University of Texas Health Science Center San Antonio, TX
Grace Hopp, DO, MBA1, Tamneet Singh, MD1, Charles Brady, III, MD, FACG2; 1University of Texas Health Science Center, San Antonio, TX; 2UT Health San Antonio, San Antonio, TX
Introduction: Ischemic colitis can be caused by a wide variety of factors and is most often seen as an atherosclerotic event in the elderly. We report a case of a healthy young male who presented with multiple episodes of hematochezia and was found to have ischemic colitis due to cocaine use.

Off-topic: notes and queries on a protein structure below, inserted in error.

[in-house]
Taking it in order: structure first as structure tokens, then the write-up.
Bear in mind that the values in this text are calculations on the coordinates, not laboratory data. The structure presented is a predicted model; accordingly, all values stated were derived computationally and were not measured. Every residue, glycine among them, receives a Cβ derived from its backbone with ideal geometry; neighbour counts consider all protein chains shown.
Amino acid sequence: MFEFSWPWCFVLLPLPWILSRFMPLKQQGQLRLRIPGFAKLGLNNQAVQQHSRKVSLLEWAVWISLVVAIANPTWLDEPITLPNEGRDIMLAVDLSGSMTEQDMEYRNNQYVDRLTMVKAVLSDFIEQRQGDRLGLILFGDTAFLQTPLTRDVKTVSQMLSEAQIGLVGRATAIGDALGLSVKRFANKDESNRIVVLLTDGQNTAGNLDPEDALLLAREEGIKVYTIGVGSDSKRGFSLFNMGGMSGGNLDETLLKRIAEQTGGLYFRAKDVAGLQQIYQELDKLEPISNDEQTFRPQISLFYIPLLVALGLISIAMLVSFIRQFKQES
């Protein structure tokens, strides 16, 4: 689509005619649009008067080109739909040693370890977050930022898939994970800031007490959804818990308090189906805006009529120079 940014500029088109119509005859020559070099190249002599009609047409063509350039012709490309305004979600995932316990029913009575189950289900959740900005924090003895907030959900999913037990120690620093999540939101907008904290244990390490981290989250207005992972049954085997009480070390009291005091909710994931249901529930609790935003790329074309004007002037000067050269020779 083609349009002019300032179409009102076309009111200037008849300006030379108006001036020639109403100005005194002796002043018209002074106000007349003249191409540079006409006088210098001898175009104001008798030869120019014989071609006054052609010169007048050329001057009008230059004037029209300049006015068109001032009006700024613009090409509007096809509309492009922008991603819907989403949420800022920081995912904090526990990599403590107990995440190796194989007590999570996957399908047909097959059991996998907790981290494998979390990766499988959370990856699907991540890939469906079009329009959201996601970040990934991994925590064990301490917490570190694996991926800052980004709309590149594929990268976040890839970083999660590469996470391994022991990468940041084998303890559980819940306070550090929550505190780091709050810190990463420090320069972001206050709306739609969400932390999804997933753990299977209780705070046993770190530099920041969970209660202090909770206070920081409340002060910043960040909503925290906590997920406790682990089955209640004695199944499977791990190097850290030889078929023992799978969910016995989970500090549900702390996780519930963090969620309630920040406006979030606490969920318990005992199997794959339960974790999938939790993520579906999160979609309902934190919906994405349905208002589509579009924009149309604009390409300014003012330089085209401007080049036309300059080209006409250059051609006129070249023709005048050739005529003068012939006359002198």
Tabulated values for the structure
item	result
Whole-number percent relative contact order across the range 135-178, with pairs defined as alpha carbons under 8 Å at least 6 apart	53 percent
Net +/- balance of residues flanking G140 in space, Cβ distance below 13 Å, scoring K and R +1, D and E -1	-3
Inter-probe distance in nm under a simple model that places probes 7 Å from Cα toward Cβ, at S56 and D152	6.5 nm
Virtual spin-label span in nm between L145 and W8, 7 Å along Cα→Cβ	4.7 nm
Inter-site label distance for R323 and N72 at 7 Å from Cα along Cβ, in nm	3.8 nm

Methods: A healthy 27 year old male presented to the emergency department with one day history of left lower quadrant abdominal pain and over 10 episodes of hematochezia. He denied recent travel, sick contacts or family history of inflammatory bowel disease. His exam revealed diffuse abdominal tenderness. Laboratory data was significant for hemoglobin of 16 g/dL on arrival, which decreased to 12.7 g/dL after ongoing hematochezia. A CT of his abdomen/pelvis revealed diffuse circumferential wall thickening of sigmoid and descending colon with adjacent pericolonic fat stranding, suggestive of colitis. A GI PCR for infectious diarrhea was negative. Fecal calprotectin was greater than 1,250 μg/g. A colonoscopy demonstrated diffuse, erythematous and friable mucosa in the sigmoid and transverse colon with discontinuous areas of nonbleeding ulcerated mucosa. Biopsies showed surface ulceration, regenerative epithelial changes and superficially injured and withered crypts as seen with ischemia. Once pathology results returned, the patient disclosed using intranasal cocaine prior to the onset of the abdominal pain and his hematochezia was the result of cocaine induced ischemic colitis. Discussion: Our patient was a young male presenting with hematochezia, diffuse abdominal pain, signs of colitis on imaging and had an elevated fecal calprotectin. Because of this, inflammatory bowel disease was high on the differential diagnosis. However his biopsies revealed pathology consistent with ischemia. A study by Hsieh et al, evaluated ten patients with ischemic colitis and found that each of them had an elevated fecal calprotectin. The levels were not indicative of severity or prognosis. Cocaine induced ischemic colitis is well described, especially in young patients with severe abdominal pain and hematochezia, as in our patient. Early suspicion and a careful history are essential to avoid significant morbidity and mortality. This case highlights the importance of maintaining high suspicion of cocaine abuse in young patients with ischemic colitis despite an elevation in fecal calprotectin levels.